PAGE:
In telecommunications and computer networking, multiplexing (sometimes contracted to muxing) is a method by which multiple analog or digital signals are combined into one signal over a shared medium. The aim is to share a scarce resource - a physical transmission medium. For example, in telecommunications, several telephone calls may be carried using one wire. Multiplexing originated in telegraphy in the 1870s, and is now widely applied in communications. In telephony, George Owen Squier is credited with the development of telephone carrier multiplexing in 1910.
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The multiplexed signal is transmitted over a communication channel such as a cable. The multiplexing divides the capacity of the communication channel into several logical channels, one for each message signal or data stream to be transferred. A reverse process, known as demultiplexing, extracts the original channels on the receiver end.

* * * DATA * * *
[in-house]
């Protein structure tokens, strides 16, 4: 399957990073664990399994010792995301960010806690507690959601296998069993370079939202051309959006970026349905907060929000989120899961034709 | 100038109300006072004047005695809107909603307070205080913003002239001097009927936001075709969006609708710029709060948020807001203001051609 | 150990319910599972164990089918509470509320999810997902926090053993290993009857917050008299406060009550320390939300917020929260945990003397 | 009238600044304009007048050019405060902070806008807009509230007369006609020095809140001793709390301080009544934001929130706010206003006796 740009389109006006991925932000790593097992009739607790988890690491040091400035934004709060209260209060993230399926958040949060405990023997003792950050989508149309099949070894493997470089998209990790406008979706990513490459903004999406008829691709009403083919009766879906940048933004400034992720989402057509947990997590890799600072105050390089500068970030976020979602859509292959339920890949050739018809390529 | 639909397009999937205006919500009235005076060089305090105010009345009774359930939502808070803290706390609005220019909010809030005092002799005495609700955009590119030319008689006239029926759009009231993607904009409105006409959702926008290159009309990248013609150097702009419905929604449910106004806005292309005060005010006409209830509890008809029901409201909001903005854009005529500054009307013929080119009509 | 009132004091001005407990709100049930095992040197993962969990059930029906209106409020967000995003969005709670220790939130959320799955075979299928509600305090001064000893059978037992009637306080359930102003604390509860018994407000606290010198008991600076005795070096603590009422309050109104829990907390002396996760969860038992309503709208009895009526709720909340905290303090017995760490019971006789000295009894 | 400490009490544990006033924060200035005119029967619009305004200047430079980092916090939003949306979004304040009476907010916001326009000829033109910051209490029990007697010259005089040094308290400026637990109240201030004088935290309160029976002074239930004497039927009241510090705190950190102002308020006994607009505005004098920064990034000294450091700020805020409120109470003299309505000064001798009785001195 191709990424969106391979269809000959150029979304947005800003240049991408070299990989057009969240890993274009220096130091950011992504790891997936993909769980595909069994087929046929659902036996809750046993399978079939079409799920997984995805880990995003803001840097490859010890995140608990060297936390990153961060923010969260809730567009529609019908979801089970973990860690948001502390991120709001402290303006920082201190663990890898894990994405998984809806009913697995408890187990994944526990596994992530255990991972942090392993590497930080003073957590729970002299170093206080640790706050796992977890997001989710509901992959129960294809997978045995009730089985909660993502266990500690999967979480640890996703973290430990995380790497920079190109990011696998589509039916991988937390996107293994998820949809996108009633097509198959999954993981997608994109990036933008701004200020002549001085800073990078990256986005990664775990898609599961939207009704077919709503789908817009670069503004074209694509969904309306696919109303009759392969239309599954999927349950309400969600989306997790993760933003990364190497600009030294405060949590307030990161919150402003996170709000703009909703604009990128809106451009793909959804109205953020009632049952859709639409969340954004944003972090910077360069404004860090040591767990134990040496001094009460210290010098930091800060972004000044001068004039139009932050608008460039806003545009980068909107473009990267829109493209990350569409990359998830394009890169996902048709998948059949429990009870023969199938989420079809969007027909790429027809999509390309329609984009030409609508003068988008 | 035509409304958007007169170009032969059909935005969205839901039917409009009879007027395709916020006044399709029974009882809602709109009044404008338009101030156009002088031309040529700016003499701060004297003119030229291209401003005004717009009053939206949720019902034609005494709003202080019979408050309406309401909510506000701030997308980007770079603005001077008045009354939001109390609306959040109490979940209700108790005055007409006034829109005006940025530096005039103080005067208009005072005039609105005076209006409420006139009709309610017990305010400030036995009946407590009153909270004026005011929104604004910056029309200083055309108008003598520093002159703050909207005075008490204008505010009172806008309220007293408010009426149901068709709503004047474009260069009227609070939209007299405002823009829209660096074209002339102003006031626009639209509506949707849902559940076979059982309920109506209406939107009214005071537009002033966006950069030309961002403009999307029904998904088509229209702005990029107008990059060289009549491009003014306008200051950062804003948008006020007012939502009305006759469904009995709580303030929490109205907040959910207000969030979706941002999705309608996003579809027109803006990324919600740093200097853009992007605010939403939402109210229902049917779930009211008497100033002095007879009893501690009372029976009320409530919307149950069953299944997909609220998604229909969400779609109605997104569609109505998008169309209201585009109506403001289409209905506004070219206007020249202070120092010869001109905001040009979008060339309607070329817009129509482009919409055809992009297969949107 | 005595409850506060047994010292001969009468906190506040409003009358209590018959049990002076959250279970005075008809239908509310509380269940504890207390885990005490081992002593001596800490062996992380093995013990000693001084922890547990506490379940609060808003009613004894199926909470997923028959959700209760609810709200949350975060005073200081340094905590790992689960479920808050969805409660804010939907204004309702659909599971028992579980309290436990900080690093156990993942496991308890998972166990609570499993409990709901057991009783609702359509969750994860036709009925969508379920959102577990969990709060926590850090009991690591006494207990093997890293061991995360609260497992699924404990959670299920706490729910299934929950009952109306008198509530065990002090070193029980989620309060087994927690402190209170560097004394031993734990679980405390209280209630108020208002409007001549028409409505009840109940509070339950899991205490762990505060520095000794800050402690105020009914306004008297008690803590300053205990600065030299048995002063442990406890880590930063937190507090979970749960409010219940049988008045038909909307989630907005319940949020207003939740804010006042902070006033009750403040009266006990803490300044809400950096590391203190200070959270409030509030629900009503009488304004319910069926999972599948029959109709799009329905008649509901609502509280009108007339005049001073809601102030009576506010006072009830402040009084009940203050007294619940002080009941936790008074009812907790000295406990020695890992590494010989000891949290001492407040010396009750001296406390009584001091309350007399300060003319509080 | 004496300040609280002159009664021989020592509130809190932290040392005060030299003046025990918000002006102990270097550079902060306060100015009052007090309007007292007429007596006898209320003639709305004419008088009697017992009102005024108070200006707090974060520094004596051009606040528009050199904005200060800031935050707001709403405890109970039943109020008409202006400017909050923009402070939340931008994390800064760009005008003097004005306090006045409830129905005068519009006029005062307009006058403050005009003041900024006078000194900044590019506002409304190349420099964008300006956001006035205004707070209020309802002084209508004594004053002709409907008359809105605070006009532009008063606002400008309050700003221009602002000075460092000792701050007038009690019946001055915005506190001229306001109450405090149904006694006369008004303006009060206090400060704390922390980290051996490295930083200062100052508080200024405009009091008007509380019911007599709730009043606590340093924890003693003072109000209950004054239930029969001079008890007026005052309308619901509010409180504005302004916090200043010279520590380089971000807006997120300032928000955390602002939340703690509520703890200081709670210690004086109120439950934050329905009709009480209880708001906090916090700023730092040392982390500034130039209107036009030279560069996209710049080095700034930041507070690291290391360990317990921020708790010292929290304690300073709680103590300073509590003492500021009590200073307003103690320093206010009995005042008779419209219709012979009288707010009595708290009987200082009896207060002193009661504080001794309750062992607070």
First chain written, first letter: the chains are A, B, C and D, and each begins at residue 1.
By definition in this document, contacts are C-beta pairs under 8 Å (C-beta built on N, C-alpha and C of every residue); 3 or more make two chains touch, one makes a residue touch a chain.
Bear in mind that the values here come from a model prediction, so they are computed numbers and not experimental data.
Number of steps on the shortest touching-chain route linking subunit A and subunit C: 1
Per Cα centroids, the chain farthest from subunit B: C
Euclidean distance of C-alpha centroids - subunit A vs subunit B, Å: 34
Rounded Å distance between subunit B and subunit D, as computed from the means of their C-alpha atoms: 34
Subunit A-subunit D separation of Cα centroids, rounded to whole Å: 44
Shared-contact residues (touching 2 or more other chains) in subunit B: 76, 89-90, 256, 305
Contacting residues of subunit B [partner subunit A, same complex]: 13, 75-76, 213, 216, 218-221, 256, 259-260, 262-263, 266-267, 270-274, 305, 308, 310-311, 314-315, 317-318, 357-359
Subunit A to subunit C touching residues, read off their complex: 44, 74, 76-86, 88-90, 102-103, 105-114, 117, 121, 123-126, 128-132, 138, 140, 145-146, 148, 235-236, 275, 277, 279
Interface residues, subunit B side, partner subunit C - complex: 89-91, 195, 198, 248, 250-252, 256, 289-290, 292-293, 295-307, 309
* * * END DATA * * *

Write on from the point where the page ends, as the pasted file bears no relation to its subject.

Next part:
A device that performs the multiplexing is called a multiplexer (MUX), and a device that performs the reverse process is called a demultiplexer (DEMUX or DMX).
Inverse multiplexing (IMUX) has the opposite aim as multiplexing, namely to break one data stream into several streams, transfer them simultaneously over several communication channels, and recreate the original data stream.
In computing, I/O multiplexing can also be used to refer to the concept of processing multiple input/output events from a single event loop, with system calls like poll and select (Unix).